Technical Report CS0905

Title: The Complexity of the Characterization of Networks Supporting Shortest-Path Interval Routing
Authors: T. Eilam, S. Moran and S. Zaks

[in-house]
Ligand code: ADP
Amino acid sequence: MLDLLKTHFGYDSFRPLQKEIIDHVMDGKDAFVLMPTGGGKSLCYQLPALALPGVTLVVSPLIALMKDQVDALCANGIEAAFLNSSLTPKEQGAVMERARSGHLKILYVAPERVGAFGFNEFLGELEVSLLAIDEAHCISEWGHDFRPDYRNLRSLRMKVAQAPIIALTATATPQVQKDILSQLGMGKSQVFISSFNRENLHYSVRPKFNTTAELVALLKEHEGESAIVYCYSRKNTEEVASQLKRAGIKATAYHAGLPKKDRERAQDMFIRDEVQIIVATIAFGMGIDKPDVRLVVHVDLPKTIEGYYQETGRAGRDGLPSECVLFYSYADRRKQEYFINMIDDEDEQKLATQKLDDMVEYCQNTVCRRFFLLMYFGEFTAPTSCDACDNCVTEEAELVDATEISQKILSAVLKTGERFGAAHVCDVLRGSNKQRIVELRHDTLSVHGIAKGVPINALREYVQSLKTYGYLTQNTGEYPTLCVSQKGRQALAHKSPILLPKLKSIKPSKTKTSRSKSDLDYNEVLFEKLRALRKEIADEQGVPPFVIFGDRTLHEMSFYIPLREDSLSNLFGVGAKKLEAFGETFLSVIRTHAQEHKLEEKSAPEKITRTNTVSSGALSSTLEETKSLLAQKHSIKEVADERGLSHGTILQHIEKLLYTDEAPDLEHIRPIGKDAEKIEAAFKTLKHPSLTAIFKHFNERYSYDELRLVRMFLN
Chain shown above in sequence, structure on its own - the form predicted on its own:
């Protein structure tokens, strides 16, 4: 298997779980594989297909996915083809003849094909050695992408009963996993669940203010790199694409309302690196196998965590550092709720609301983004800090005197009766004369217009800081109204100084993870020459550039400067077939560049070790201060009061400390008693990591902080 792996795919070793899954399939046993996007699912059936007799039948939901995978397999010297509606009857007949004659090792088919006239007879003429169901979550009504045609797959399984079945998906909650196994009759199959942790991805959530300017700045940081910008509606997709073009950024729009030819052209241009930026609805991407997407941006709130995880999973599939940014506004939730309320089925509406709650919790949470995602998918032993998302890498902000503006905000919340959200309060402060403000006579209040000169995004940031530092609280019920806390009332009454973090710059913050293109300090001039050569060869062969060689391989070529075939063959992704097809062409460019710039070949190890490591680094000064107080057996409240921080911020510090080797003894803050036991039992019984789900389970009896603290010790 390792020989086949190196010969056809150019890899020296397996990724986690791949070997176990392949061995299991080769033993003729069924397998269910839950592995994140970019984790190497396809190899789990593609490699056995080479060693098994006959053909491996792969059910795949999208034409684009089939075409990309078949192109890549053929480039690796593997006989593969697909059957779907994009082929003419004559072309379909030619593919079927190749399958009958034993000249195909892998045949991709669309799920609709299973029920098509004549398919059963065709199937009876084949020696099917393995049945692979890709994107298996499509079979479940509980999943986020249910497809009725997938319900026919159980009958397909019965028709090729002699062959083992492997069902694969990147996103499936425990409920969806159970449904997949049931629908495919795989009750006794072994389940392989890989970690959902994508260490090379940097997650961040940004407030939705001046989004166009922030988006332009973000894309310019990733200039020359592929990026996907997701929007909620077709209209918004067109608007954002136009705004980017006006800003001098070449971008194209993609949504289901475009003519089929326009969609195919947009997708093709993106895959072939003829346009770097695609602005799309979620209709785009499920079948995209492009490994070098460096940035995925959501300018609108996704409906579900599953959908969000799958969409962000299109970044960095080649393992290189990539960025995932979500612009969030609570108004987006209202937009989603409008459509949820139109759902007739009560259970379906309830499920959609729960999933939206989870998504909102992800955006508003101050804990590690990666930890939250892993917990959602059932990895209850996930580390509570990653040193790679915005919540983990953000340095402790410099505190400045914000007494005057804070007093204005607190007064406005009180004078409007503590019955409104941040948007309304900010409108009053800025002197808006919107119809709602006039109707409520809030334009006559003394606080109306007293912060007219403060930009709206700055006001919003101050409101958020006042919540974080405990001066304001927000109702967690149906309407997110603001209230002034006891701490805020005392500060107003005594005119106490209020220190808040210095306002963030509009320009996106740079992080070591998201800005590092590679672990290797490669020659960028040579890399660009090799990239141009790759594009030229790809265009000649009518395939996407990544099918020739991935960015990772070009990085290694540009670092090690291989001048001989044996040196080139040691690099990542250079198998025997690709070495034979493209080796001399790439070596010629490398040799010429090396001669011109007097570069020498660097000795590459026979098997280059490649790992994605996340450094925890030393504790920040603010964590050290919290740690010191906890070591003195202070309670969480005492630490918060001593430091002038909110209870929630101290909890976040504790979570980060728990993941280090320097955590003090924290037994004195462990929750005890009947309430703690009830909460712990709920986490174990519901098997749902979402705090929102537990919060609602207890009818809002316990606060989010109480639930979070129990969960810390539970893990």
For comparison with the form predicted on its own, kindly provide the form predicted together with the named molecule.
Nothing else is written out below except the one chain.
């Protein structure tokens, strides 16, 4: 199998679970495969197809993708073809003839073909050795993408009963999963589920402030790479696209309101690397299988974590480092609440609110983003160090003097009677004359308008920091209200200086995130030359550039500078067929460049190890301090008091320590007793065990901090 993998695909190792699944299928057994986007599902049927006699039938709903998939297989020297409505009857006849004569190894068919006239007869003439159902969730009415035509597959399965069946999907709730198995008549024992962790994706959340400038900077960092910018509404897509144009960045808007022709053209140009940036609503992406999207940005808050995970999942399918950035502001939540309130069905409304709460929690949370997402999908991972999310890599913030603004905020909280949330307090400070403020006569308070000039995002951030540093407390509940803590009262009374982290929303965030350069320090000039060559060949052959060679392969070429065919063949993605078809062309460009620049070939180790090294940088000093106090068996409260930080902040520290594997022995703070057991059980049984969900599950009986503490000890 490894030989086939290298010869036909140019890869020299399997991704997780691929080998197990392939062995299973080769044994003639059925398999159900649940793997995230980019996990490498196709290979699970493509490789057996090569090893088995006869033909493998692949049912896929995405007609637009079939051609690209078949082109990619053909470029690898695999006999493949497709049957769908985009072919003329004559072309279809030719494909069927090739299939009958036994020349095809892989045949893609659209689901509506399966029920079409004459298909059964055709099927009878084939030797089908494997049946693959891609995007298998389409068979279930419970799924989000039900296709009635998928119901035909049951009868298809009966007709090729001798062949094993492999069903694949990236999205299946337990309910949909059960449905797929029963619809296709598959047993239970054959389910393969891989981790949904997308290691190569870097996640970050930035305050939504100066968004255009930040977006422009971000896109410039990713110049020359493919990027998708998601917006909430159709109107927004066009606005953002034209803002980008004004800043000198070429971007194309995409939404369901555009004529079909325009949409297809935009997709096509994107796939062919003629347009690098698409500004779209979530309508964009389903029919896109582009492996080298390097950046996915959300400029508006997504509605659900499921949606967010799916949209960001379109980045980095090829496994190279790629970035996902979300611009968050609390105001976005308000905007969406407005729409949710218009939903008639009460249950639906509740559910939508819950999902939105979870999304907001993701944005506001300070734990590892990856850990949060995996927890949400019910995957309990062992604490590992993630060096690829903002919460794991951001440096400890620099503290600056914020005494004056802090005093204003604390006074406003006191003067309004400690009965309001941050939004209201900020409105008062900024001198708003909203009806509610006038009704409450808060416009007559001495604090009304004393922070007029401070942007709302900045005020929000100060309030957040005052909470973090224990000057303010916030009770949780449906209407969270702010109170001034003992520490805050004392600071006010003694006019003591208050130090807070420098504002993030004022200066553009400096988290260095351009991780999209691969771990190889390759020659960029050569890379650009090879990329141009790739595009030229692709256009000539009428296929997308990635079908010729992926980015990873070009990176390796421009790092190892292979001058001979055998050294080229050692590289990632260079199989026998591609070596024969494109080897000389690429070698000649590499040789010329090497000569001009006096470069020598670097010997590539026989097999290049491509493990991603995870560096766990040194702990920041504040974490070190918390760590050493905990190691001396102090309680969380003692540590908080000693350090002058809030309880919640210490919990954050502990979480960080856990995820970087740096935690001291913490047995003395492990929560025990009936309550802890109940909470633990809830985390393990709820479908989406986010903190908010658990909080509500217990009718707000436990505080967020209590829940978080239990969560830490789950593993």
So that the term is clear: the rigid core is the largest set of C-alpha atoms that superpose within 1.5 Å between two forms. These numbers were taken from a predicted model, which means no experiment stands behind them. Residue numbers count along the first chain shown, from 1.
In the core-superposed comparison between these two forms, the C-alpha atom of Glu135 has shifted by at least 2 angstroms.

Abstract: Interval Routing is a space-efficient routing method for communication networks which has been extensively studied and implemented. Many variants of this basic routing method were proposed, such as Linear Interval Routing, strict Interval Routing and strict Linear Interval Routing. These methods were generalized to allow $k$ intervals per edge. The question of characterizing networks which support {\em optimal} interval routing was thoroughly investigated for each of the variants above, and under different models. Only partial answers, both positive and negative, were given. In this paper we study the characterization of networks which admit optimal (strict or non-strict) interval routing and optimal (strict or non-strict) linear interval routing under the most basic model - the one unit cost, one interval per edge model. We prove that the characterization of these networks is NP-hard. These results significantly extend the related NP-hardness results of \cite{FGS}, and imply that, unless P$=$NP, the results of \cite{BLT91,NS95,ZTRP93}, which gave partial characterizations for some classes of networks which support shortest path interval routing, cannot be pushed further to lead to efficient characterizations for these classes.
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